Roughly two months ago, our transatlantic cousins at the Aleheads published this great post on the best beer labels in America. At the time, it crossed our mind to reciprocate – but we were in the depths of our big beer protest month and had other matters to pursue. Now – and on the first day of advent, so it’s reasonably fitting – we reveal our top twenty British beer labels (arranged in no particular order).
The list is by no means definitive, so if you have any glaring omissions, please send them in. We’re trying to stick to bottle labels rather than pump clips, so had to miss a few obvious candidates out (i.e. I love Dark Star clips, but less so the bottle labels). Hopefully there are some here that challenge the Americans – although none hold a candle to this beauty from Caldera. A devil chewing through a spermatic cord? Only in America…
Our first offering is this beauty from Oakham Ales in Peterborough – their highly-regarded Oakham Citra. Their steampunk industrial website lists the other bottled beers – it would be hard to miss Inferno on the shelf – but the grimacing, sprout-like hop on the Citra always makes me chuckle.
There are two trains of thought when it comes to label design – be wild and creative, giving all of your beers suitably exciting bottles – or decorate them all the same, to build a brand identity (apologies for using that awful phrase). The Bristol Beer Factory do the latter, and very well – their Clifton Suspension Bridge logo really works.
British beer is renowned for jokey, sometimes horrendously naff branding. Jeff Pickthall does a marvellous job of naming and shaming over at Pump Clip Parade – but sometimes the quirky and funny do stand out – such as on the label of Whittingtons Cats Whiskers [sic]. Why shouldn’t a cat-themed Gloucestershire brewery feature puss in a bow tie?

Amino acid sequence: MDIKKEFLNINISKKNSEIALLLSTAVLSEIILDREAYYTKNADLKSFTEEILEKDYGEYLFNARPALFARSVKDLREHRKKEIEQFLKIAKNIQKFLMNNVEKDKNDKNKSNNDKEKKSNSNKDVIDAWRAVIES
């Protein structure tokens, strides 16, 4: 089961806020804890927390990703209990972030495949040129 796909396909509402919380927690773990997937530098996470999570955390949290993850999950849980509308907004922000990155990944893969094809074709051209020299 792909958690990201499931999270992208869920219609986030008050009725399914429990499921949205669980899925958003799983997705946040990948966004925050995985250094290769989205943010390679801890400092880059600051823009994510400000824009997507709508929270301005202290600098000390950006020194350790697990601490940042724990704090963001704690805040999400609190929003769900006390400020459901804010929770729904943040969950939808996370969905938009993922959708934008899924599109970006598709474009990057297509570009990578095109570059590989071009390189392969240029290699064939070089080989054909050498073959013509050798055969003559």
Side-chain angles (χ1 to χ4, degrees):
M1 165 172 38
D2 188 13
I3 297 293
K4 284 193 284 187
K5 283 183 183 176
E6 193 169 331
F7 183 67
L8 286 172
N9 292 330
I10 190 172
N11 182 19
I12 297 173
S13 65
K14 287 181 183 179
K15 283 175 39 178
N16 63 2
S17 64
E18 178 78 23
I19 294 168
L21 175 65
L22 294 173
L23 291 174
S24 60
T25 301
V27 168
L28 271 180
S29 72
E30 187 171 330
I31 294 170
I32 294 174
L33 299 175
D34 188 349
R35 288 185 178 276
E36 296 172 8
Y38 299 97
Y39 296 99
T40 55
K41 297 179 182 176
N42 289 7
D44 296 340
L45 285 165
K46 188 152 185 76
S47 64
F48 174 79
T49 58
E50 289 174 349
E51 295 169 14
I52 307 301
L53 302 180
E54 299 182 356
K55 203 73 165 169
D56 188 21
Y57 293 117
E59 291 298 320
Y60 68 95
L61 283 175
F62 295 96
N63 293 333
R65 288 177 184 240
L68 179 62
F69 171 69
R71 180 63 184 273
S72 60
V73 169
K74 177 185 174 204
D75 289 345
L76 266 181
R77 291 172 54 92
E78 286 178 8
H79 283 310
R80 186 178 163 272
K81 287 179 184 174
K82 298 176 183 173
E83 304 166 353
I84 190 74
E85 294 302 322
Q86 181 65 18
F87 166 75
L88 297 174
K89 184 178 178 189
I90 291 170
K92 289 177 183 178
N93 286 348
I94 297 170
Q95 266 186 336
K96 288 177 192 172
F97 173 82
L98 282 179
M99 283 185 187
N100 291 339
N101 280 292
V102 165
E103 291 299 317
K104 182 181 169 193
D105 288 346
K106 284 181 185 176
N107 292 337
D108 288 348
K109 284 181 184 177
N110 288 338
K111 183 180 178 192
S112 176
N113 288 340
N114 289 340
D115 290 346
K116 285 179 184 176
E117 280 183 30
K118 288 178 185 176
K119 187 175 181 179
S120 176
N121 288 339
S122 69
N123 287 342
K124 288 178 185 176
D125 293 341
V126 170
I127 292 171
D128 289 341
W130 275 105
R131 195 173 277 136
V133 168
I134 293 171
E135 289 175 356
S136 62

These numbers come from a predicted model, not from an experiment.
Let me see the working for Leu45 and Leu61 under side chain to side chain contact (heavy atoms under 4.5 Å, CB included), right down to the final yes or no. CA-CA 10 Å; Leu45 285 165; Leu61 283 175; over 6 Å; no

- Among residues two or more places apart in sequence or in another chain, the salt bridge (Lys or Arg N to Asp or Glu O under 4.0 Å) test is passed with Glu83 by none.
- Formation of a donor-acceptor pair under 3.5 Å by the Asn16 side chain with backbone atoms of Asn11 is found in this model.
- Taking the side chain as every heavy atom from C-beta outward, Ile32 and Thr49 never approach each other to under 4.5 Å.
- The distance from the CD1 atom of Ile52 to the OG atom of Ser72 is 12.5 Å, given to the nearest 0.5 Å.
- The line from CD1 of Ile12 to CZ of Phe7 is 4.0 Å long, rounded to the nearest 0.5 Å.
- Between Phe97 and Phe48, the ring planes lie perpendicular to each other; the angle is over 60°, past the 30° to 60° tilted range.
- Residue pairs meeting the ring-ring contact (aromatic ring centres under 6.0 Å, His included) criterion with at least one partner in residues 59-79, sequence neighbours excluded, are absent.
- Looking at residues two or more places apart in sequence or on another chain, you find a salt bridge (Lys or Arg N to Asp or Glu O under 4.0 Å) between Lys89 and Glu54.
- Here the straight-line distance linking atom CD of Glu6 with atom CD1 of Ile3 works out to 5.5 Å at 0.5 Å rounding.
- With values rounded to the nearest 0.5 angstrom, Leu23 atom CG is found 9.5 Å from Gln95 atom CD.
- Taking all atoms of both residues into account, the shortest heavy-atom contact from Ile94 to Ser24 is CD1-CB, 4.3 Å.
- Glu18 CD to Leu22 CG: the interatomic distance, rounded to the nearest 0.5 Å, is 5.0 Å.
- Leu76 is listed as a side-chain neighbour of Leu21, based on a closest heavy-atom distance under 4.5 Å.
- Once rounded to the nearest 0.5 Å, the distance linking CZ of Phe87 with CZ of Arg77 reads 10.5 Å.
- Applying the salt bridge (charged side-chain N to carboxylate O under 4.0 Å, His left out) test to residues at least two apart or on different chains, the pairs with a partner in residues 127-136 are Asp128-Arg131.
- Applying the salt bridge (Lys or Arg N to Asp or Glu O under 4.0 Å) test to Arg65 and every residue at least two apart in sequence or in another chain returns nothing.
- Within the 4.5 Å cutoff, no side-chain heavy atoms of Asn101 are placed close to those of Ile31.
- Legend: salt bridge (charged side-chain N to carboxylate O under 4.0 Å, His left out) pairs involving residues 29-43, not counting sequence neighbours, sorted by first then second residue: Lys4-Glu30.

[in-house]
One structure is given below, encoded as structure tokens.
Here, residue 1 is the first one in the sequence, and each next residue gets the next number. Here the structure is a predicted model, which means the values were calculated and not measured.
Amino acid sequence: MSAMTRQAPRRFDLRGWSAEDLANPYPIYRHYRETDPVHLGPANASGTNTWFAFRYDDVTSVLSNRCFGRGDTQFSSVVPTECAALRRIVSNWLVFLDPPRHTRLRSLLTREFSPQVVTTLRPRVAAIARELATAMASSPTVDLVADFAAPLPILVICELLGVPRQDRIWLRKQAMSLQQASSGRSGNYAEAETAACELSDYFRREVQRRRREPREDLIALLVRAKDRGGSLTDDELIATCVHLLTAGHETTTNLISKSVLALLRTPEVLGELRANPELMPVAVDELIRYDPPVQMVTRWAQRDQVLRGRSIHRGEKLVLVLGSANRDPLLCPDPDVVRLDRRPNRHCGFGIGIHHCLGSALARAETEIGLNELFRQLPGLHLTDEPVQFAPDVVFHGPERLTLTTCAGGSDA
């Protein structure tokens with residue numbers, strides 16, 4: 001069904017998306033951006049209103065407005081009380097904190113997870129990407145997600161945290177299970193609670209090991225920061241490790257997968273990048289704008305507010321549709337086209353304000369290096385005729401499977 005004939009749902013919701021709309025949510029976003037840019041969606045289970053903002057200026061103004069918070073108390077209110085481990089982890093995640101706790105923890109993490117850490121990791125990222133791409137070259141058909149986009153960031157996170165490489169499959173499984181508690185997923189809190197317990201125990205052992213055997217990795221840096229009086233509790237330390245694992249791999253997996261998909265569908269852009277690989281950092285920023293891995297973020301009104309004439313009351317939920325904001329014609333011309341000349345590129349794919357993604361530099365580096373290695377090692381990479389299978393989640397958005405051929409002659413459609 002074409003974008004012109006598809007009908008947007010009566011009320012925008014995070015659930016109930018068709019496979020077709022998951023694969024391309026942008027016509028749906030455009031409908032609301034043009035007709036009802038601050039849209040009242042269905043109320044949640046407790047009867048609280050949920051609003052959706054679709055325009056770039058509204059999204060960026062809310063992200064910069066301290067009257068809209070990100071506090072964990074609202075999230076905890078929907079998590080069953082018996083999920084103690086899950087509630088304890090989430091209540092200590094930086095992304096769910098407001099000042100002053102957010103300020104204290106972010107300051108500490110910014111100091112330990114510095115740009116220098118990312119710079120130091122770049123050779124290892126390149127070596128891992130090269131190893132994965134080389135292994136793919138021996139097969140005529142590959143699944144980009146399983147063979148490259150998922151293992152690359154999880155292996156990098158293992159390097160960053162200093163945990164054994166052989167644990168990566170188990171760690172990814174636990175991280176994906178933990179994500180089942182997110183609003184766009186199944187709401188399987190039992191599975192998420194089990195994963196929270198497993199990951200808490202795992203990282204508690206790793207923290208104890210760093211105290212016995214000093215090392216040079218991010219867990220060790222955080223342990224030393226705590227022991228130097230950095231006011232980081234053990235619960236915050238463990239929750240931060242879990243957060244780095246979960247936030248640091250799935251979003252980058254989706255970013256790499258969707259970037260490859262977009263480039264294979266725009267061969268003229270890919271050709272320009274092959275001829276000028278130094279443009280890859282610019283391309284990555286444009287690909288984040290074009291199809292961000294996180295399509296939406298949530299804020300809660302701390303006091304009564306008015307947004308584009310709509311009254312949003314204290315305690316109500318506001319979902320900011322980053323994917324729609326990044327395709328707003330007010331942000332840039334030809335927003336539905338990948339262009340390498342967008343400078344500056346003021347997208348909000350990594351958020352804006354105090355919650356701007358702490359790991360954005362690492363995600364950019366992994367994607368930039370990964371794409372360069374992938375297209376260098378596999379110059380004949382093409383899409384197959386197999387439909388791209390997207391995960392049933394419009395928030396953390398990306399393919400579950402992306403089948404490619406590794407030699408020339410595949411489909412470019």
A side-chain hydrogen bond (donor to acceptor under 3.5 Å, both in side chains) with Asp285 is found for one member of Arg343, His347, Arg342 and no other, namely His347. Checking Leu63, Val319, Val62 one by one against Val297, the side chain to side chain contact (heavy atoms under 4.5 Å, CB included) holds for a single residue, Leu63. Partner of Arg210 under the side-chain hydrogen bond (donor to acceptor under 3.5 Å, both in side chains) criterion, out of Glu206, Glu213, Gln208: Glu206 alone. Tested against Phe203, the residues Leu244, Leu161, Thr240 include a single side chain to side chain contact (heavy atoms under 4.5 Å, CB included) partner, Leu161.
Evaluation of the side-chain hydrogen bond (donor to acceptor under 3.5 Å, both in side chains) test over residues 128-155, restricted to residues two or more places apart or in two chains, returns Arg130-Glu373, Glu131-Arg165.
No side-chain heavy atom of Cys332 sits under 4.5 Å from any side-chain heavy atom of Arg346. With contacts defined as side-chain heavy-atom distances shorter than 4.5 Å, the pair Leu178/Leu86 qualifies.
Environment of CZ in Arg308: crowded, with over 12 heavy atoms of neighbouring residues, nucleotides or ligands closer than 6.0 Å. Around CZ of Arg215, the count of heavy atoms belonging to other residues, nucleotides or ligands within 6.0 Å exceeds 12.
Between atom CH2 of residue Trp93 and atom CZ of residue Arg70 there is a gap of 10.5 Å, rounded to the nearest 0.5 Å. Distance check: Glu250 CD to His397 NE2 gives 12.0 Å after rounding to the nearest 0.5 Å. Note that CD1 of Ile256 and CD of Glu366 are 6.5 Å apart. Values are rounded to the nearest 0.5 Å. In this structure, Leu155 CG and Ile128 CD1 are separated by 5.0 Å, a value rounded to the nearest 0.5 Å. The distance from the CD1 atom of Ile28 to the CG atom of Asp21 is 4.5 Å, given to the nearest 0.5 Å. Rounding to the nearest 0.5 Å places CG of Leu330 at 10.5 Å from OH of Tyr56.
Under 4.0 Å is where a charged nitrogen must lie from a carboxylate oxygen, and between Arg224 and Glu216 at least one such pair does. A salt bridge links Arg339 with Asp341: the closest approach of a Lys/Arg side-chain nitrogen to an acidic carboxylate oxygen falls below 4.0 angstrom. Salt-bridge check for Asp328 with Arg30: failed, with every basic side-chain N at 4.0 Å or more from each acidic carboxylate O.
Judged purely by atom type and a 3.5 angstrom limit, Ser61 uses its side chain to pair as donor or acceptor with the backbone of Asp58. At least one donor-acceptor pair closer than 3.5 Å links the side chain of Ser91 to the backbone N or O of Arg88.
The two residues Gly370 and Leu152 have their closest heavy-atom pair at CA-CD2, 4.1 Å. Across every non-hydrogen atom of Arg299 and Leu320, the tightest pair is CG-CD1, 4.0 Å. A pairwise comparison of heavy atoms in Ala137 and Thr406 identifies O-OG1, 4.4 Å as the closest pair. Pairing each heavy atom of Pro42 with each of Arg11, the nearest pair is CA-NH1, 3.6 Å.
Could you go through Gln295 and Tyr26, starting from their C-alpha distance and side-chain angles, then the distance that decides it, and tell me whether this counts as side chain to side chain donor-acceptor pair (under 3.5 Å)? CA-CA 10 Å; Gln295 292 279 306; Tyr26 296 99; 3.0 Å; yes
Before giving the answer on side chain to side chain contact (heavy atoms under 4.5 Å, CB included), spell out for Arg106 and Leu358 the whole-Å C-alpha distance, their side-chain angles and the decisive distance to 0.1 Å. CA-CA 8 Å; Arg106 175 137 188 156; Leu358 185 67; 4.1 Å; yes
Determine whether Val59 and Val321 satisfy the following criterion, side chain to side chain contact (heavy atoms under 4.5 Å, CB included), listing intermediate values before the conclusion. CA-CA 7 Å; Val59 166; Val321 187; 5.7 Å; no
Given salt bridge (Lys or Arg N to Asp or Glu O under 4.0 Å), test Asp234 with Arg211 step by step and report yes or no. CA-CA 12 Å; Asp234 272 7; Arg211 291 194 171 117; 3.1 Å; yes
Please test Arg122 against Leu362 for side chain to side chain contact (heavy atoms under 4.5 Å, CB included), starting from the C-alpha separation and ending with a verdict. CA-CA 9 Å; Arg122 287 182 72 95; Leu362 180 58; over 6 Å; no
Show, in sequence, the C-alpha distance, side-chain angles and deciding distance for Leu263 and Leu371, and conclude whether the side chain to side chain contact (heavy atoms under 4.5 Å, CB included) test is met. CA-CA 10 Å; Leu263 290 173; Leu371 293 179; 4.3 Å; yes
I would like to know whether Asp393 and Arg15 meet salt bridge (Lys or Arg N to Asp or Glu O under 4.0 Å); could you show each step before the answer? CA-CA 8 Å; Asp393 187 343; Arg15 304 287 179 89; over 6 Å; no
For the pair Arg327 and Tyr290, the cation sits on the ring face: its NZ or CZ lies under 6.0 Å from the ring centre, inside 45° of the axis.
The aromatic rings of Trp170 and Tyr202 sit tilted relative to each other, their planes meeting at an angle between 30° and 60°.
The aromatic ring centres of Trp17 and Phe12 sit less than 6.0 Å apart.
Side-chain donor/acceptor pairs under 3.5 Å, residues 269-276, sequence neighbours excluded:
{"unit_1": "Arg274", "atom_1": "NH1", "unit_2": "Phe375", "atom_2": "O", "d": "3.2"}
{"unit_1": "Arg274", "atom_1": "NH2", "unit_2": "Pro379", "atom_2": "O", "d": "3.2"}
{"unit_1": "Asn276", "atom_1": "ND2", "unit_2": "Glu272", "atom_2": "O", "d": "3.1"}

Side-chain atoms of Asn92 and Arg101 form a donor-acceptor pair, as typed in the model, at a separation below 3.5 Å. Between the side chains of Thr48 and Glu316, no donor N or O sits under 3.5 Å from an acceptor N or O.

Our next great label comes from a brewery suggested to us on Twitter by ‘friend of the BeerCast’ AdamSh. I’ve tried a couple of Derventio’s beers before – but only on cask. Their bottles feature full-on works of art, like this epic scene on their 4.2% golden ale, Emporer’s Whim. Thumbs up for this one.
Yorkshire’s Wold Top Brewery have a range of bottled beers – their regulars are badged with circular labels, some based on an astronomical theme, others named after the beer style. But their seasonals are presented beautifully – such as Against the Grain. It may or may not be ‘World Famous’ – but it’s one of the nicest tasting gluten-free beers out there, and also one of the best-looking.
Going back to our duty protest month, we featured an interview with Justin Hawke of Moor Beer Company. He told us that one of their most prized beers – JJJ IPA – was to be discontinued for the British market due to the heavy tax bill. So UK beer drinkers will shortly no longer get to look at this great label (although their other beers carry a similar design)
Clean, bold colours help a beer stand out from the crowd, and the label of Robert Knops’ IPA certainly does that. All of his three beers – soon to be joined by a bouncing baby porter – have the same visual style. While the California Common looks as if it could be on a Beach Boys compilation CD, I love the rickety bike riding and sacred cow of his IPA.
I also love owls, of course – as every right-minded person does. Somerset’s Cotleigh brewery decided on their brewery theme very early on – birds of prey. Cotleigh’s Long Eared Owl looks menacing on the label, and yet extremely quirky with it. Great tufts. Cotleigh also donate part of the profits to the Hawk and Owl Trust.